When using biomass polysaccharides for generation of bioproducts, lignin is typically considered waste material. This lignin stream, however, represents an energy-dense, carbon-rich, and aromatic feedstock that can be used to create a range of renewable products including aromatic phenolic/chemicals, carbon fibers, advanced polymer composites, etc. Thus, we have projects focused on advancing lignin fractionation and conversion technologies.
The amount of underutilized lignin that is already available could displace a significant fraction of the non-renewable feedstocks that are currently used for the production of aromatic chemicals. However, the biological purpose of lignin (i.e., cell wall strength and rigidity) makes depolymerization difficult, and thus it is very challenging to selectively disassemble lignin into its constituent aromatic monomer. We want to understand the catalytic mechanism, transport phenomena, and reaction pathways that control selective depolymerization of lignin into aromatic chemicals.
We are studying hybrid conversion approaches (one that integrates catalytic depolymerization and microbial upgrading) for the production of value-added compounds from lignin. Most natural biological systems do not have a significant ability to depolymerize lignin. However, there are microbial systems that can utilize phenol and a range of other lignin-derived compounds. These systems can funnel a wide-distribution of lignin-derived compounds into a single biological intermediate and upgrade them via metabolic pathways. We want to probe which compounds in the lignin-derived products that are preferred substrates (and why) as well as adjust catalytic and processing conditions to increase yield and selectivity towards those compounds.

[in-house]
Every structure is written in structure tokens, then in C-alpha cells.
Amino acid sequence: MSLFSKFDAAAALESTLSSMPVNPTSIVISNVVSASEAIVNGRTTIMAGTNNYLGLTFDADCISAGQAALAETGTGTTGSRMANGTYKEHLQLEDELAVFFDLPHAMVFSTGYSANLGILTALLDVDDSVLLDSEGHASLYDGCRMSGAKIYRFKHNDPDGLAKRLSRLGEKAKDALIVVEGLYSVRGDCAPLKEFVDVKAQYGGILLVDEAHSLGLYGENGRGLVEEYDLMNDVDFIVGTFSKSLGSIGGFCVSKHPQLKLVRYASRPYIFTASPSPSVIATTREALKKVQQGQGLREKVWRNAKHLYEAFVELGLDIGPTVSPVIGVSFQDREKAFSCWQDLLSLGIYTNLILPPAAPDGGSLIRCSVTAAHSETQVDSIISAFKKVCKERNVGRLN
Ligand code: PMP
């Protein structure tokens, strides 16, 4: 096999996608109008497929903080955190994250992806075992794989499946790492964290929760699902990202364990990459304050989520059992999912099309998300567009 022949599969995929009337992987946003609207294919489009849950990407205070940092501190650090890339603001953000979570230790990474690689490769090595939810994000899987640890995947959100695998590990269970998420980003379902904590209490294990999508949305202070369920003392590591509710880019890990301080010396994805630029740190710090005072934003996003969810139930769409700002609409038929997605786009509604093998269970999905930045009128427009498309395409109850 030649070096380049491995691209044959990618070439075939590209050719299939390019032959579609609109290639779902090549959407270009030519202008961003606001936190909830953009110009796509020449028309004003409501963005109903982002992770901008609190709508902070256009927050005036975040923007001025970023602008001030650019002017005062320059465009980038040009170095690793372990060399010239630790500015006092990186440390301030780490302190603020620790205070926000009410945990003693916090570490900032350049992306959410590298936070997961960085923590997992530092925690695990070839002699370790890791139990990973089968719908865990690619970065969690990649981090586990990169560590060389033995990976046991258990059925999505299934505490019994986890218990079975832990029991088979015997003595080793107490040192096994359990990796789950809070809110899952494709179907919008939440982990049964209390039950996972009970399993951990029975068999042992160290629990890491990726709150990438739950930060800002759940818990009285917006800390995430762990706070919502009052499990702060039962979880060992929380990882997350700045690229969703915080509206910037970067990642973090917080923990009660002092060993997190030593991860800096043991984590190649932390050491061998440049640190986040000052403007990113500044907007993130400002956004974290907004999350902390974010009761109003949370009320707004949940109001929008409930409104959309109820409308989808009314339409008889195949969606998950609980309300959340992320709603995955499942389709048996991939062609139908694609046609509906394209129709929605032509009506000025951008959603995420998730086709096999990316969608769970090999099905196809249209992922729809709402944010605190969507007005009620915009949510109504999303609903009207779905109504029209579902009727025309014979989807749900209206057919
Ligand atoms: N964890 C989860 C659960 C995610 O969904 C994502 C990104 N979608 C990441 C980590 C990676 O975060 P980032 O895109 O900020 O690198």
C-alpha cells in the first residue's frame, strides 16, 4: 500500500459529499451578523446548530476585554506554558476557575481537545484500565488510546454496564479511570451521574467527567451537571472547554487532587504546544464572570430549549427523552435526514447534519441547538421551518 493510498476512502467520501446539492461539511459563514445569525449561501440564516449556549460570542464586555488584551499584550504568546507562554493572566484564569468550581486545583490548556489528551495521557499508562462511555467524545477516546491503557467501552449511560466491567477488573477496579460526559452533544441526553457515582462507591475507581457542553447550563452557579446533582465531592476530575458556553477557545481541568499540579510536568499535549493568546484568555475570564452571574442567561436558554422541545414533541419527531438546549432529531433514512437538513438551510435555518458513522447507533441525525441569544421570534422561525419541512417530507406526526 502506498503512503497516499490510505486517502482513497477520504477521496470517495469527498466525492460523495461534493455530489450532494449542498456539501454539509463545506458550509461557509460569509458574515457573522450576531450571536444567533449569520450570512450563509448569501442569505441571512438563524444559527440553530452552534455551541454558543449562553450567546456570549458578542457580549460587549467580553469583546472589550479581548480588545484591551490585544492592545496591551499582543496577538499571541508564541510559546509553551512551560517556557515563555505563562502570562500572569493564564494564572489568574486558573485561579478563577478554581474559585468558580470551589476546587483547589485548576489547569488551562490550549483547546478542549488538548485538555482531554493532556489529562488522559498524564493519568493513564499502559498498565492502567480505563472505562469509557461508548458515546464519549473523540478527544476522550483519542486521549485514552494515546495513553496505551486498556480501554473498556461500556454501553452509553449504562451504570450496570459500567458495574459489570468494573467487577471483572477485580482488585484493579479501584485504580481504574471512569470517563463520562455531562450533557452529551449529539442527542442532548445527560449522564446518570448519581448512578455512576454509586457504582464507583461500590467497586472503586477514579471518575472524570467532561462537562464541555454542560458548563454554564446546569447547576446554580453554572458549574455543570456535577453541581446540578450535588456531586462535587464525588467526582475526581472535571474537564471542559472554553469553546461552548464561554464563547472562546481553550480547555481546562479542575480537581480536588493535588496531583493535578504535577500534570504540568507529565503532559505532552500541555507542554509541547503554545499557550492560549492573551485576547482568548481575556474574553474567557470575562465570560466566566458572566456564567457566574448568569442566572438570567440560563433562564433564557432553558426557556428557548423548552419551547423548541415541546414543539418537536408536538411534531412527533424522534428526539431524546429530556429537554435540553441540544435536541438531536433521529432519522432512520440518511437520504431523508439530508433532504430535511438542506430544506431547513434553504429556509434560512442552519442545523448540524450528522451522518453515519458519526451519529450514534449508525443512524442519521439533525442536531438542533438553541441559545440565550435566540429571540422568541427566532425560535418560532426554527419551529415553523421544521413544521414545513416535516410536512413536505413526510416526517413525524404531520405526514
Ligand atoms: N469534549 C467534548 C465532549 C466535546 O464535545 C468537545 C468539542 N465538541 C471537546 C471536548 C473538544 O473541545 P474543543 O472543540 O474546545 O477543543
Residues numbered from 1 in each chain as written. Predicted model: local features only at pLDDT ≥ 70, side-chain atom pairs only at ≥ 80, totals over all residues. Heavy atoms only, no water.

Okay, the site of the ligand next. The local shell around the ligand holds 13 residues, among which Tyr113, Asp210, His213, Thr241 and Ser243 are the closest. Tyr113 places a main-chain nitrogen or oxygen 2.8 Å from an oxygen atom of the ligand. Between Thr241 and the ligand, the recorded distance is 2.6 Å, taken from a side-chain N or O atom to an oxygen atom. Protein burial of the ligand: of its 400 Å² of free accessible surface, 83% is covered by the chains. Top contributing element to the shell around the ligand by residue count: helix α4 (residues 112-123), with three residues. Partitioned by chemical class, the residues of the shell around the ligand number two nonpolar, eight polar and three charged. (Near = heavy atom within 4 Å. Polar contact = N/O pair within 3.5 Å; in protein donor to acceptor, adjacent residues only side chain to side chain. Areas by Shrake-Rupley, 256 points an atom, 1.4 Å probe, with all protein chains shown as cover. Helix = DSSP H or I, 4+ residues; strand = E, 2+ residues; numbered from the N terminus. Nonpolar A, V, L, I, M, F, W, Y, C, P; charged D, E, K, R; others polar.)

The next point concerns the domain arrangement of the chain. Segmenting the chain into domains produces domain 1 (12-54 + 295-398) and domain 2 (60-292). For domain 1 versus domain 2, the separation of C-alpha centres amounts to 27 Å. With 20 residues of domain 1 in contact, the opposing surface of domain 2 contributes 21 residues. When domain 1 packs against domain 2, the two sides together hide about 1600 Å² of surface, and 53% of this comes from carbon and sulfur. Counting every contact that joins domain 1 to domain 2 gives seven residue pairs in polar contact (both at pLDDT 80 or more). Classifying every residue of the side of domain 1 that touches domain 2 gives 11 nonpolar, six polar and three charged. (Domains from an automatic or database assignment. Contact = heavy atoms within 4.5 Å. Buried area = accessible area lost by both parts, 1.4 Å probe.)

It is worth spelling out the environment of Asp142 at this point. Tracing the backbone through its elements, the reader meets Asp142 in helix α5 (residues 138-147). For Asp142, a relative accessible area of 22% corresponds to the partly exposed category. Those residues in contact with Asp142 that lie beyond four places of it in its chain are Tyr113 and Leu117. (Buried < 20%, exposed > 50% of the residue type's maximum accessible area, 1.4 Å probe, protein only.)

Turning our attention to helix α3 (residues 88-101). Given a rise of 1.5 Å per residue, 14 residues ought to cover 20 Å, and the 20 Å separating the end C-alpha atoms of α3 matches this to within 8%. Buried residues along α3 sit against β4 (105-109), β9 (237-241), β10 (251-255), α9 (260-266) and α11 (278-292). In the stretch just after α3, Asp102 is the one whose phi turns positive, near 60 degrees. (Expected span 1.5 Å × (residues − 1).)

There is an urgent need for biomass processing technologies that 1) fully exploit the potential of biomass as a feedstock, 2) provide access to a diverse set of commodity and value-added products, 3) use less harsh processing conditions, and 4) minimize degradation and waste formation. Accordingly, the economical, sustainable, and scalable fractionation of biomass into separate lignin and carbohydrates with maximized control over the resulting molecular characteristics of each fraction is a major key to the valorization of biomass.
My lab has developed an expertise (to be used in this study) that focuses on the analysis of lignin and lignin depolymerization products in an effort to capture and then resolve the molecular com-plexity of lignin as a catalytic substrate and of lignin depolymerization product mixtures as catalytic intermediates and products. Our goal has been to adopt and develop methods (1) that facilitate quantitative analysis such that mass balances for lignin depolymerization reactions can be formed and (2) that can be used to resolve complex reaction networks. Thus, multiple analysis tools are re-quired to profile lignin and lignin depolymerization products in a manner that can inform catalysis research.